An essay by Dr. Jennifer Sasser, gerontology program director, was published in the International Journal of Reminiscence and Lifelong Learning in January 2015.
Lisa Jo Frech, science faculty, participated in a March 2014 panel discussion on the underrepresentation of women in the STEM fields -- science, technology, engineering and math.
Excerpt from an article by Samantha Swindler on OregonLive.com, March 16, 2014.
TV's nerd stereotypes and the increased pressures for women in the sciences were among the topics discussed by a panel at Pacific University on March 16, 2014.
The four women answered questions from Washington County high school female students who were being recognized for their achievements in the STEM fields of science, technology, engineering and math. The panel and a reception were organized by Pacific University's Center for Gender Equity and the Hillsboro/Forest Grove branch of the American Association of University Women.
Women are traditionally underrepresented in the STEM fields.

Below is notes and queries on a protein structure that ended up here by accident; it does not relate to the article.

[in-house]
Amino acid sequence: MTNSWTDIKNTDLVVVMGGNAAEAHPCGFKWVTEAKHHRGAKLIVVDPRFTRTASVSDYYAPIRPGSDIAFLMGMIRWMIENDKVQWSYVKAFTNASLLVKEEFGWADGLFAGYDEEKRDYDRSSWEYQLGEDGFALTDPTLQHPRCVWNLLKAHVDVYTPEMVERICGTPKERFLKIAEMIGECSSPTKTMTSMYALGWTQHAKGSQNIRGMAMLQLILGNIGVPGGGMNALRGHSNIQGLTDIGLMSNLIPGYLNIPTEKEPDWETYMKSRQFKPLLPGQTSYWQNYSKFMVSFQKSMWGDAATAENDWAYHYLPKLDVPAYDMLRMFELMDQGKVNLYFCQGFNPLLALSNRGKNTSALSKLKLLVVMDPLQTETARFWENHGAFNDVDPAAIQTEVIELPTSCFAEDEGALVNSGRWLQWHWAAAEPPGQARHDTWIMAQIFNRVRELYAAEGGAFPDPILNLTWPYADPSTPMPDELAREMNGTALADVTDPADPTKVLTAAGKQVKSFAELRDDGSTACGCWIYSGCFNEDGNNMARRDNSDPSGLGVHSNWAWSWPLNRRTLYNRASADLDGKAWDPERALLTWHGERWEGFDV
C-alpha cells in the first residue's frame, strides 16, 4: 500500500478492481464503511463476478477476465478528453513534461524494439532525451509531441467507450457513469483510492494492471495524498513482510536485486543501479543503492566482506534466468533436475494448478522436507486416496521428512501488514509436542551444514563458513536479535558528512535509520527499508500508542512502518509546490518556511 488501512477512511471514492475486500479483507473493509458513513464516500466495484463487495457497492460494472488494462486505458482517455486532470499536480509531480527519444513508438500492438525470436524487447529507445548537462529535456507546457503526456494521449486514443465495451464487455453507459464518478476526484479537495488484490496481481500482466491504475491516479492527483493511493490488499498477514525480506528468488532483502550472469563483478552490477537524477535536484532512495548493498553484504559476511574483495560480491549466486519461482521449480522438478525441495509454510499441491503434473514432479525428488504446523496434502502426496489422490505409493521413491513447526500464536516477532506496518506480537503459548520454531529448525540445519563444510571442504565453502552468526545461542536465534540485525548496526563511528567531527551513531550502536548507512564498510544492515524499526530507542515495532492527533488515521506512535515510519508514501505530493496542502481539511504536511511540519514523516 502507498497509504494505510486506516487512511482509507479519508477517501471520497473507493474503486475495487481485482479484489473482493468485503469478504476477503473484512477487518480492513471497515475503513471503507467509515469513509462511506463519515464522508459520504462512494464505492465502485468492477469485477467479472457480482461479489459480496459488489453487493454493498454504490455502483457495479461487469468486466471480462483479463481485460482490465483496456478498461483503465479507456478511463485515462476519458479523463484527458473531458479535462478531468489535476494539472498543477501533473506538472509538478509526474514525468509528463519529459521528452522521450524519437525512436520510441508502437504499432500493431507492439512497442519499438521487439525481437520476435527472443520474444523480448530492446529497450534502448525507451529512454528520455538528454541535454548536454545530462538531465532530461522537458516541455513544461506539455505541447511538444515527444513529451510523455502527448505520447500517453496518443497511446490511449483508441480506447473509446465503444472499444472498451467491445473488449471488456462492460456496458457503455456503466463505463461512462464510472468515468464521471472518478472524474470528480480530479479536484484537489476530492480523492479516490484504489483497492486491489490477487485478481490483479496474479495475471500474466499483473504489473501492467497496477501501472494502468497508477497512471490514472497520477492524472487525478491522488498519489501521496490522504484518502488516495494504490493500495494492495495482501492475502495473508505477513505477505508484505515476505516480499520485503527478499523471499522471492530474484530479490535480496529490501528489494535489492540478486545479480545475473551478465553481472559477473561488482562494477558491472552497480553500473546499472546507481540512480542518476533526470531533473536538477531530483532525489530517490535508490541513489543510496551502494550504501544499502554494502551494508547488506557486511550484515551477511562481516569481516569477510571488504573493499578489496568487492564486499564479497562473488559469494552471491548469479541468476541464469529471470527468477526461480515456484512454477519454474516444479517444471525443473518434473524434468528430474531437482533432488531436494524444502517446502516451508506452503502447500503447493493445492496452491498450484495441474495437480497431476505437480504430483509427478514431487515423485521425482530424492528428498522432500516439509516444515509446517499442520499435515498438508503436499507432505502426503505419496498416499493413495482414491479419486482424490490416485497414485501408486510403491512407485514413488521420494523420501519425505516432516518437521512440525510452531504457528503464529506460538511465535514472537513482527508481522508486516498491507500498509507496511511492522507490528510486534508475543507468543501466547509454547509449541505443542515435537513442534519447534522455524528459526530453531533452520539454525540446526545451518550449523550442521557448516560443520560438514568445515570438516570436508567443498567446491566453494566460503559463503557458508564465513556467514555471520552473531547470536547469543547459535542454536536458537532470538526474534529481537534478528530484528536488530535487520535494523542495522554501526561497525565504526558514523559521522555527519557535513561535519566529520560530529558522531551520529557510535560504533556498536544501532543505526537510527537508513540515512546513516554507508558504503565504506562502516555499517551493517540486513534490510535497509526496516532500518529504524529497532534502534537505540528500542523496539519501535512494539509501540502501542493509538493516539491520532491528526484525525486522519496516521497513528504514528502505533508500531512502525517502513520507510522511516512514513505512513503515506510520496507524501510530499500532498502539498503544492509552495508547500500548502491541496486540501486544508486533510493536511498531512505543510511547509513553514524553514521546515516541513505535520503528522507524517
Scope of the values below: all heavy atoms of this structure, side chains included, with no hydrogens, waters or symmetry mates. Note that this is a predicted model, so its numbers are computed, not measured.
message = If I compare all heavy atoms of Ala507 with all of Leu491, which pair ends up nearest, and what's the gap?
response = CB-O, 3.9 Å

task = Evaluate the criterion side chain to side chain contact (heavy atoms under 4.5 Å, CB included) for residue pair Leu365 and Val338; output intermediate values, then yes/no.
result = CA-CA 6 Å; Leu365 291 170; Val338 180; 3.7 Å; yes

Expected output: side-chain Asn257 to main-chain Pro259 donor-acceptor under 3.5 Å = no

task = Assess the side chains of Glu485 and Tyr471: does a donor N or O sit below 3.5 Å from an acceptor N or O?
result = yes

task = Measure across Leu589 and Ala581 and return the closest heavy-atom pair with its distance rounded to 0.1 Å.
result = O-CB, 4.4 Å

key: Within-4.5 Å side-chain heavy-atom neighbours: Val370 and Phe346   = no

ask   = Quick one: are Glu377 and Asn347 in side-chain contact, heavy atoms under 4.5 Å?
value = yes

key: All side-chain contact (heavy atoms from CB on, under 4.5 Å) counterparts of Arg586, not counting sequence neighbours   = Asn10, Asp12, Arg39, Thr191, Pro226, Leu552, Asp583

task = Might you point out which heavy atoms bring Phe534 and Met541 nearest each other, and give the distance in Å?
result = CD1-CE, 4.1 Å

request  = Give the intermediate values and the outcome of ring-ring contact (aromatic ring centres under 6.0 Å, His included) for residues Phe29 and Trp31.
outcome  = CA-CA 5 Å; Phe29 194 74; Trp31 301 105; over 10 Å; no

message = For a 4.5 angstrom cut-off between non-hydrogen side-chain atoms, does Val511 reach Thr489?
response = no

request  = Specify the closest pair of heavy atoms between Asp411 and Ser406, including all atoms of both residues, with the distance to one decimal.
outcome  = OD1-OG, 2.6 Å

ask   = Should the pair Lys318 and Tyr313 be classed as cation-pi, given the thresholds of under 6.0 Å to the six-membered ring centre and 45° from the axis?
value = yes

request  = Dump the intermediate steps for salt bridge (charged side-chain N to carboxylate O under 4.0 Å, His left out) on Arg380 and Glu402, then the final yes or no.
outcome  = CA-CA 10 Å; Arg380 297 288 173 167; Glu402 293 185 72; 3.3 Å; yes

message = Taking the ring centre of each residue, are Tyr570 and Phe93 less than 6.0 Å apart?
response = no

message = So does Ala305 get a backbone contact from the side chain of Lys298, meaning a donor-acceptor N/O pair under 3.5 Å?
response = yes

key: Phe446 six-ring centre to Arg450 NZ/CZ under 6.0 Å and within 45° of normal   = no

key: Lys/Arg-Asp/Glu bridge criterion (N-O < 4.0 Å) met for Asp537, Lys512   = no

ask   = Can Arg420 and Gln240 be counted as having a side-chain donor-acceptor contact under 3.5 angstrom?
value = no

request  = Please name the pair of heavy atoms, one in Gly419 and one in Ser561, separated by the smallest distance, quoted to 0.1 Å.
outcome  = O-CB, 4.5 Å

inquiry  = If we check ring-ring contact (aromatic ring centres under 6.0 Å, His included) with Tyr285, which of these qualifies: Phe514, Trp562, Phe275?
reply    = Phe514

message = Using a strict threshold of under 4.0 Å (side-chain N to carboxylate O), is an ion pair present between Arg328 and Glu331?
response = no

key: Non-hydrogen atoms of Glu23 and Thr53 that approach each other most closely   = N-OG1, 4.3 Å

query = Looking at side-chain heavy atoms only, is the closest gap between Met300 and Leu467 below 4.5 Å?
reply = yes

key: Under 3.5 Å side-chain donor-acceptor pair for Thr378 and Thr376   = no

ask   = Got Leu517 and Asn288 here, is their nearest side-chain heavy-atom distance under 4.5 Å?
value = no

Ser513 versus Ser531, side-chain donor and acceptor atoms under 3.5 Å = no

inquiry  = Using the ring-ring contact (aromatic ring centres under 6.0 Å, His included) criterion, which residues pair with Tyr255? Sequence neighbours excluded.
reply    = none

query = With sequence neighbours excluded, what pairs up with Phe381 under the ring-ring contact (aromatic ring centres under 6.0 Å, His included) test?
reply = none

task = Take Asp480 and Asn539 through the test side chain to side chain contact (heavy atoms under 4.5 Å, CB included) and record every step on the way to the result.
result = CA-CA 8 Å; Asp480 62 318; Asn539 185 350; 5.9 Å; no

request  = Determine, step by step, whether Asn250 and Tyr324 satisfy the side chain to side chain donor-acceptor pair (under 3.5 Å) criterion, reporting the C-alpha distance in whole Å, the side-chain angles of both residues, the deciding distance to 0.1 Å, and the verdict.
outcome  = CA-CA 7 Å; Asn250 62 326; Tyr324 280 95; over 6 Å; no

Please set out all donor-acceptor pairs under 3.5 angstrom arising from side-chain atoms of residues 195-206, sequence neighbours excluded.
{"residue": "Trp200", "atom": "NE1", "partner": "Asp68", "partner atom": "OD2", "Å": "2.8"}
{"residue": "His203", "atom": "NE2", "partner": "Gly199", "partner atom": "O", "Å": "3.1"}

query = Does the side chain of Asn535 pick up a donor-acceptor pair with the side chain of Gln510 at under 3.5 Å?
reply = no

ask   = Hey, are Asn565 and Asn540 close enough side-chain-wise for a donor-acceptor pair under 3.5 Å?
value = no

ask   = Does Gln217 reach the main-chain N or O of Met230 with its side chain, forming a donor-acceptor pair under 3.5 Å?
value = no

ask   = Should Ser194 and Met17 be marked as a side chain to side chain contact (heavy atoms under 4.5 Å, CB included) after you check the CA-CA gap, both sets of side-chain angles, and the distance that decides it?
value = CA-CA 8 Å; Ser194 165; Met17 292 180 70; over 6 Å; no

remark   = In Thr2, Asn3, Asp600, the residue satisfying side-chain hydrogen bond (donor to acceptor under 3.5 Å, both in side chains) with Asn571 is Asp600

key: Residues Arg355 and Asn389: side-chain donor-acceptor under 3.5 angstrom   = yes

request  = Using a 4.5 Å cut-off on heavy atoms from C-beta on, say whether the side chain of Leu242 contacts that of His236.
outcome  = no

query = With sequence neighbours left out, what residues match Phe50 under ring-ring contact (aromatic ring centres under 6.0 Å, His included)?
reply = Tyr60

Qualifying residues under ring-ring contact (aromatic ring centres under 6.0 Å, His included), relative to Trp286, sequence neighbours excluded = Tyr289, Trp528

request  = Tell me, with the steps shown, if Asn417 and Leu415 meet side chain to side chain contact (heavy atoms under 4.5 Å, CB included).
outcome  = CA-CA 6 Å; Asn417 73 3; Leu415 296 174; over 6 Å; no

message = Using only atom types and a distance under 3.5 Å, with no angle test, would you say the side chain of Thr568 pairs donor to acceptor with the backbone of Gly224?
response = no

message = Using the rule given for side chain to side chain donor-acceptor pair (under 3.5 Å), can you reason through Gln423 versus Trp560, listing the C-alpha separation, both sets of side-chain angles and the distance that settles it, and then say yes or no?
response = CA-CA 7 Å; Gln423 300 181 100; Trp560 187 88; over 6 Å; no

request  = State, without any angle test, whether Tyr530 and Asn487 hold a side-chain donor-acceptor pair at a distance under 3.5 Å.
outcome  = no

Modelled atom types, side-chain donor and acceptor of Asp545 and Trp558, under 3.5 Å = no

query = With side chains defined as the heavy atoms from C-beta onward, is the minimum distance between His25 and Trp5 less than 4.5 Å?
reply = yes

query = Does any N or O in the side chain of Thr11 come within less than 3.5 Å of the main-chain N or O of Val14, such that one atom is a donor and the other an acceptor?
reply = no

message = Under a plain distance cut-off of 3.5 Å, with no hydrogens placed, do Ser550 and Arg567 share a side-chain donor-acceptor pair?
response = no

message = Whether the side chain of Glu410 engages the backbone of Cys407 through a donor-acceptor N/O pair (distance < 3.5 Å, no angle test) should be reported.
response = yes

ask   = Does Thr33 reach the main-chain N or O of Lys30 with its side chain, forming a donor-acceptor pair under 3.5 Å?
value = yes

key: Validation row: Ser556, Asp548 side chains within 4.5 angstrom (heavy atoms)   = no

The fear of fitting in made panelist Esbeida Ramos, a sophomore student at Pacific University, think hard about studying math.
"I didn't see myself pursing a math degree in college because of the type of person that I envisioned," Ramos said. Ultimately, though, Ramos said there was no good reason for more girls not to be interested in math.
"There's absolutely nothing holding you back from being able to do and being able to pursue whatever you want to, regardless of what gender it's dominated by," she said.
Lisa Jo Frech, adjunct professor of environmental studies and an environmental consultant and wilderness guide, told the girls that when trying to find your passion in life, "a no is as good as a yes." Don't worry about discovering that a certain field isn't for you, she said. You'll learn a lot about yourself in the process. She spent two years in "blue collar" fields before realizing she wanted to pursue a college degree.
"If the drive is there, if the passion is there, all else eventually falls into place," she said.
Lisa Jo Frech is a faculty member in the Department of Science & Mathematics. She is a consultant for natural resource agencies and environmental nonprofits,
specializing in board and organizational development, executive coaching, communications
and strategic planning.